These are cool. A Japanese designer/scientist is turning science into art with these transparent animal skeletons. They are amazing.
Here’s a little synopsis of his project. The site is in Japanese, but the magic of google translate should fix that for you.
“Originally, the method of making transparent specimens – enzymatically turning the protein transparent, dyeing the bones magenta and dyeing the cartilages blue – was established for scientific purposes to study the skeletal system. Taking this a step further to refine the form and coloration of the specimens requires time and experience.
I create transparent specimens as pieces of work that help people feel closer to the wonders of life.
People may look at my specimens as an academic material, a piece of art, or even an entrance to philosophy. There is no limitation to how you interpret their meaning. I hope you will find my work as a “lens” to project a new image, a new world that you’ve never seen before.”
Here’s some of his work.
So, today, we walked down King St, visited Moore College (where we stood in a corner and people watched and my wife was shocked by how young and cool Con Campbell looked, she had pictured him as a 60 year old englishman), walked to Redfern, caught a train going in the wrong direction, so we caught a different train. Then, finally, we arrived at our destination – Mecca Espresso on King St in the CBD (not to be confused with the aforementioned King St).
I’ll be reviewing Mecca on thebeanstalker.com, but I tried my first ever Clover brew. The Clover, when released, was a $15,000 piece of technology. It’s the black box in the middle on this bench:
It was nice. Smelt like fruity tea. Tasted like coffee.
We spent the morning with my friend Paul. Which was tops. Then walked to Circular Quay, caught the ferry to Taronga, and walked around the zoo for the afternoon. Which Robyn loved and I enjoyed.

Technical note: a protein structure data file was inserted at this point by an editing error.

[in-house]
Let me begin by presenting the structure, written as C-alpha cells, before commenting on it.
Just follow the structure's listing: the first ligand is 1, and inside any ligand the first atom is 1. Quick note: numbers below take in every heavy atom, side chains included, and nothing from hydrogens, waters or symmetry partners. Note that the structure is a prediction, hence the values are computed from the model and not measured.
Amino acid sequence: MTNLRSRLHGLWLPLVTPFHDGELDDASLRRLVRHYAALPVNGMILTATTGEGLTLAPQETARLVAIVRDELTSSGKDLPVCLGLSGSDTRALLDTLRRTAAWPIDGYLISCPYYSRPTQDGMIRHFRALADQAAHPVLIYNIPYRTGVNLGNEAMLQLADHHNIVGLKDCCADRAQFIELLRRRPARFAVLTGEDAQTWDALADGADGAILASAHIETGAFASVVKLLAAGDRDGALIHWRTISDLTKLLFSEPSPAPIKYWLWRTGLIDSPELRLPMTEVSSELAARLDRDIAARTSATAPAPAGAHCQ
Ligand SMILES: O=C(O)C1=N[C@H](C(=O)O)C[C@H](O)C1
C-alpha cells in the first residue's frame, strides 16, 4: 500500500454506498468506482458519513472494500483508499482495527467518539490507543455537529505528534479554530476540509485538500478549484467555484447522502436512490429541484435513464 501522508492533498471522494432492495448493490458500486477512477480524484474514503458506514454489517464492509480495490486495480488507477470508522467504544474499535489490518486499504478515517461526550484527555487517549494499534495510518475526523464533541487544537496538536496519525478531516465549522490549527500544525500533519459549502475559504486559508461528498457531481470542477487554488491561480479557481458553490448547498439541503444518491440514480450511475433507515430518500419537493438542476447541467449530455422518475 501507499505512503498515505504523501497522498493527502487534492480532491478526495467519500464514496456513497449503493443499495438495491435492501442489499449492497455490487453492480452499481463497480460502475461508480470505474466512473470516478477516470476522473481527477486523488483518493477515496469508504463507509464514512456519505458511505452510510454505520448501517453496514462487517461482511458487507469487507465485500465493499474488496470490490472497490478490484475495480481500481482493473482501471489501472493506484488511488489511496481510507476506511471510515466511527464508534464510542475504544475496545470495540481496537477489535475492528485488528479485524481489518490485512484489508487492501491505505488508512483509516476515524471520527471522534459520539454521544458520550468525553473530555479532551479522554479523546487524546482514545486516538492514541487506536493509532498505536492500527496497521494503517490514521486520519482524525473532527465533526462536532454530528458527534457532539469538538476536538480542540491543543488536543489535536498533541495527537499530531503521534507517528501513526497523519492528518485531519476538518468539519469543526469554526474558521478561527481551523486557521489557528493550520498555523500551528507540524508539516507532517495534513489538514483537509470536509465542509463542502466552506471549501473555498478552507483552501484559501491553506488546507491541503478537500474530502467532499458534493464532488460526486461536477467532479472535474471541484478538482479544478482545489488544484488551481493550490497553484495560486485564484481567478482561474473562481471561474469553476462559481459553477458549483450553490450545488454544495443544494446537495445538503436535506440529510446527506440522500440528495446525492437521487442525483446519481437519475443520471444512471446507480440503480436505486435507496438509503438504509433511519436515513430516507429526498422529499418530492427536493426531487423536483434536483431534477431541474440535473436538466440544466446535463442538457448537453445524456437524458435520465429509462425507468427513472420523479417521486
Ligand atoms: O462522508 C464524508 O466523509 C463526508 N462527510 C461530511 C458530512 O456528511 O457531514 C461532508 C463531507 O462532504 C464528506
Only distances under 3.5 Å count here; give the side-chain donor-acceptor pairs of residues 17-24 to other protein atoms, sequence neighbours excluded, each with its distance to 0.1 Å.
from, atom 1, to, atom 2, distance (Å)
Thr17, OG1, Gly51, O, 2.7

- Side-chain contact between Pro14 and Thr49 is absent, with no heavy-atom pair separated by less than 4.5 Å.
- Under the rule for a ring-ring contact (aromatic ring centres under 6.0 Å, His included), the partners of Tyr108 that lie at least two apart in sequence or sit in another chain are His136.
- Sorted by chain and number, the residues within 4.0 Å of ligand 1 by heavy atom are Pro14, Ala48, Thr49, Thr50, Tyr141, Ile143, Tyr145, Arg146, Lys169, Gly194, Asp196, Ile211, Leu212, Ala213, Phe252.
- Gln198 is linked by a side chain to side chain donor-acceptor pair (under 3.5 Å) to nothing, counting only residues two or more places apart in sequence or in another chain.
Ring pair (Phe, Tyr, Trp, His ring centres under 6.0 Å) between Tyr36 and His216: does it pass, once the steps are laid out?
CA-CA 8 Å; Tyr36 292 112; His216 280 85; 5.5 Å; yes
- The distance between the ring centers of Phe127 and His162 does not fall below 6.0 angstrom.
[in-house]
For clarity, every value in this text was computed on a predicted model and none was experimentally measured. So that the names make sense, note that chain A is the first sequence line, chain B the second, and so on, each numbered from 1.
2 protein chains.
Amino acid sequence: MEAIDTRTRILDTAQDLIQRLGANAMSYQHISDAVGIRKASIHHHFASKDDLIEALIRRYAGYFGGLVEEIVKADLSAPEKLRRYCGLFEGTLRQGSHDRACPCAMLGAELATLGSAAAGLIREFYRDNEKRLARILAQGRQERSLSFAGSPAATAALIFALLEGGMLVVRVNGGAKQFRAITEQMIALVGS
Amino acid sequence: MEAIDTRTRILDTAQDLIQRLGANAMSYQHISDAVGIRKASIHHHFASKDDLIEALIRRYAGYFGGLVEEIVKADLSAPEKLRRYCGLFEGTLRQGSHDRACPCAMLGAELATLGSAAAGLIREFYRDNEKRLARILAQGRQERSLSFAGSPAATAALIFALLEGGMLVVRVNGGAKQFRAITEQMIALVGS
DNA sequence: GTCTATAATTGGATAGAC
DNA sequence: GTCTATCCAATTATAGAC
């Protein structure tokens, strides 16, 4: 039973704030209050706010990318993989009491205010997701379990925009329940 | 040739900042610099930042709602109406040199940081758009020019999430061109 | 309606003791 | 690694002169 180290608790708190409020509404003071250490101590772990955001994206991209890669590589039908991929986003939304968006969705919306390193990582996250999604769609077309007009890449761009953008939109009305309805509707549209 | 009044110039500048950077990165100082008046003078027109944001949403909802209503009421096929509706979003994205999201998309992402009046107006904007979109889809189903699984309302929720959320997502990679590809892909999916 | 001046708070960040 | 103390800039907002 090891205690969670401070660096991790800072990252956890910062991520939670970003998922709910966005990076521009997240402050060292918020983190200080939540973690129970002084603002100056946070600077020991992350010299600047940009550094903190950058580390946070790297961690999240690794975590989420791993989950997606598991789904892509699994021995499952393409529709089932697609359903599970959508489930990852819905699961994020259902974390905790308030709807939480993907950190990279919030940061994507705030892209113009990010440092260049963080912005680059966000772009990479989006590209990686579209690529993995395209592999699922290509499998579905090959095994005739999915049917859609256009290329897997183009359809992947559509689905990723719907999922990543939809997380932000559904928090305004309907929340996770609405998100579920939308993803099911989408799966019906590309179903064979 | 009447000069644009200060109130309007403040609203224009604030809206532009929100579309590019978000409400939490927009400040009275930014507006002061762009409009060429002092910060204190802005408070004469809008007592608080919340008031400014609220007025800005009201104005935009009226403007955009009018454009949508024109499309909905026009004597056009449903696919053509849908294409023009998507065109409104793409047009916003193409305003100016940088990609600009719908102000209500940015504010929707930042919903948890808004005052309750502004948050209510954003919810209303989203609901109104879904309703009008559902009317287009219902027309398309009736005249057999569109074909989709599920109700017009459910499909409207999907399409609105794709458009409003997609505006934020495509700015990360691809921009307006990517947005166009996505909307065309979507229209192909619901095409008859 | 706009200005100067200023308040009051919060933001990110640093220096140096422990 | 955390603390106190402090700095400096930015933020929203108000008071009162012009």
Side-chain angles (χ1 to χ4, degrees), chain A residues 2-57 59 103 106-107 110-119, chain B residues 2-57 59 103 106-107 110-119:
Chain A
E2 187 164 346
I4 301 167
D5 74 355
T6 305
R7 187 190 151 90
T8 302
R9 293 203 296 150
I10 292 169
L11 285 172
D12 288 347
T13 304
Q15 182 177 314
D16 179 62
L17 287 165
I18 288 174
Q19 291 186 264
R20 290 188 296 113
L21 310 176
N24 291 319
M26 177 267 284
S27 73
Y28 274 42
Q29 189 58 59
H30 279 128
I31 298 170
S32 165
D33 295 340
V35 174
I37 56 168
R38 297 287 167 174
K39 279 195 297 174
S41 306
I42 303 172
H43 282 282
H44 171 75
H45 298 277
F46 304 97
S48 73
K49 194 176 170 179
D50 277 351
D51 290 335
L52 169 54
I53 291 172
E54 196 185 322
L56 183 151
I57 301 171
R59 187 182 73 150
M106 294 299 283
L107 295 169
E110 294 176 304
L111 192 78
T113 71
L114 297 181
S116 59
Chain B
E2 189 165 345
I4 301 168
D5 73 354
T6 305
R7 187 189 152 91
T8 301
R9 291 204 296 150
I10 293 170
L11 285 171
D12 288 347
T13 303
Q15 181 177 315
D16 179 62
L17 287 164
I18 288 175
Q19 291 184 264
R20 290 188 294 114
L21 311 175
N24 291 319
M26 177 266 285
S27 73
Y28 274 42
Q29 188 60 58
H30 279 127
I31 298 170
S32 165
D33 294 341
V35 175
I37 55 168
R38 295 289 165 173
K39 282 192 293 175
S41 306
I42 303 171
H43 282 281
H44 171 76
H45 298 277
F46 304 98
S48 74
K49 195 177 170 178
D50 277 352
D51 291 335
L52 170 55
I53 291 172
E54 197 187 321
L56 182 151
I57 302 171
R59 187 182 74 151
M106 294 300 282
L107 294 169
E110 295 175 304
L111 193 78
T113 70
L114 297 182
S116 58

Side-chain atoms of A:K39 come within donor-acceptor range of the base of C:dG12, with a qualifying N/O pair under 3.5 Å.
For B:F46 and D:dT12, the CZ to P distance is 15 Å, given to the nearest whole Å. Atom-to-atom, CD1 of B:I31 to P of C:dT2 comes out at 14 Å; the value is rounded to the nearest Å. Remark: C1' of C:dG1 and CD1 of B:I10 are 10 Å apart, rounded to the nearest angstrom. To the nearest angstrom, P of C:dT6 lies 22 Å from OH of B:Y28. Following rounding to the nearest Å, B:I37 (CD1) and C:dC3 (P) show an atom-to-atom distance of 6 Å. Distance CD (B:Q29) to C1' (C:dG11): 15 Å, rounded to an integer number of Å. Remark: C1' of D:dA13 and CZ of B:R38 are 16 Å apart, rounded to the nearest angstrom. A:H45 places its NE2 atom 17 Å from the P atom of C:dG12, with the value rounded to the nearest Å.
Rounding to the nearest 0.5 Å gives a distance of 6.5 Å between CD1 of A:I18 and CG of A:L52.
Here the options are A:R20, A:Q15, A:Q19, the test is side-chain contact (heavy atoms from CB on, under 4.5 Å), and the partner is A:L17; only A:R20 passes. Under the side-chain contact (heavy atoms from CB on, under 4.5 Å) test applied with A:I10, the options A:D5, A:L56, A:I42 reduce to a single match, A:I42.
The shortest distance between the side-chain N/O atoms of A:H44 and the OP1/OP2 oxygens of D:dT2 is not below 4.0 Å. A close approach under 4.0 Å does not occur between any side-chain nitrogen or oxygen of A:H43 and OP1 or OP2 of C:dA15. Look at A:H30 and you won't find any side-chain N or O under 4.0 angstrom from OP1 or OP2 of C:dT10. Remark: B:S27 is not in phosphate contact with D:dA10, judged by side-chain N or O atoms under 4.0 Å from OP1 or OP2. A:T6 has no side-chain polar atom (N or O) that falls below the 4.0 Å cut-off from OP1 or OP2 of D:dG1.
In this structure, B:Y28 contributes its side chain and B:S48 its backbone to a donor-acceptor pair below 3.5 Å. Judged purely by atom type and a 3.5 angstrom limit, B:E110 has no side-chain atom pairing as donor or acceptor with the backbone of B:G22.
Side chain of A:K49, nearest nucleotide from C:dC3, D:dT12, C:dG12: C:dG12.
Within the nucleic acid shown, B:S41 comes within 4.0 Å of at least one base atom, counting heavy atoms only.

There were turtles.
And rabbit-eating dragons…
And other animals.
Though, some were missing…
Then it was a reversal of the morning, though we added dinner at a cheap Greek place, and about 45 minutes poring through the shelves at Gould Books.
A good day.
Let me just start by congratulating PETA for sinking to a new low with the name of their blog. The PETA files. Because we all think animal rights should be associated with child abuse, for the lols.
“When PETA heard that the Committee on Bible Translation had revised the New International Version (NIV) of the Christian Bible to use gender-inclusive language, such as replacing “men” with “people,” we thought, wouldn’t it be great if the new NIV showed consideration for female (and male) animals too? So we wrote to the Committee on Bible Translation and asked them to use “he” or “she” rather than “it” to refer to animals in the next edition of the NIV.
“Language matters. Calling an animal ‘it’ denies them something,” PETA Vice President Bruce Friedrich told CNN. “They are beloved by God. They glorify God.”
Since God loves all His creation (and if you’re not convinced of this, try reading Matthew 25:40, Isaiah 11:9, or Luke 6:36), it’s only fitting that humans do the same by showing respect to every living being. Maybe Psalm 50:11 says it best: “I know and am acquainted with all the birds of the mountains, and the wild animals of the field are Mine and are with Me, in My mind.” Perhaps if we change the way we speak about animals, our thinking will follow.”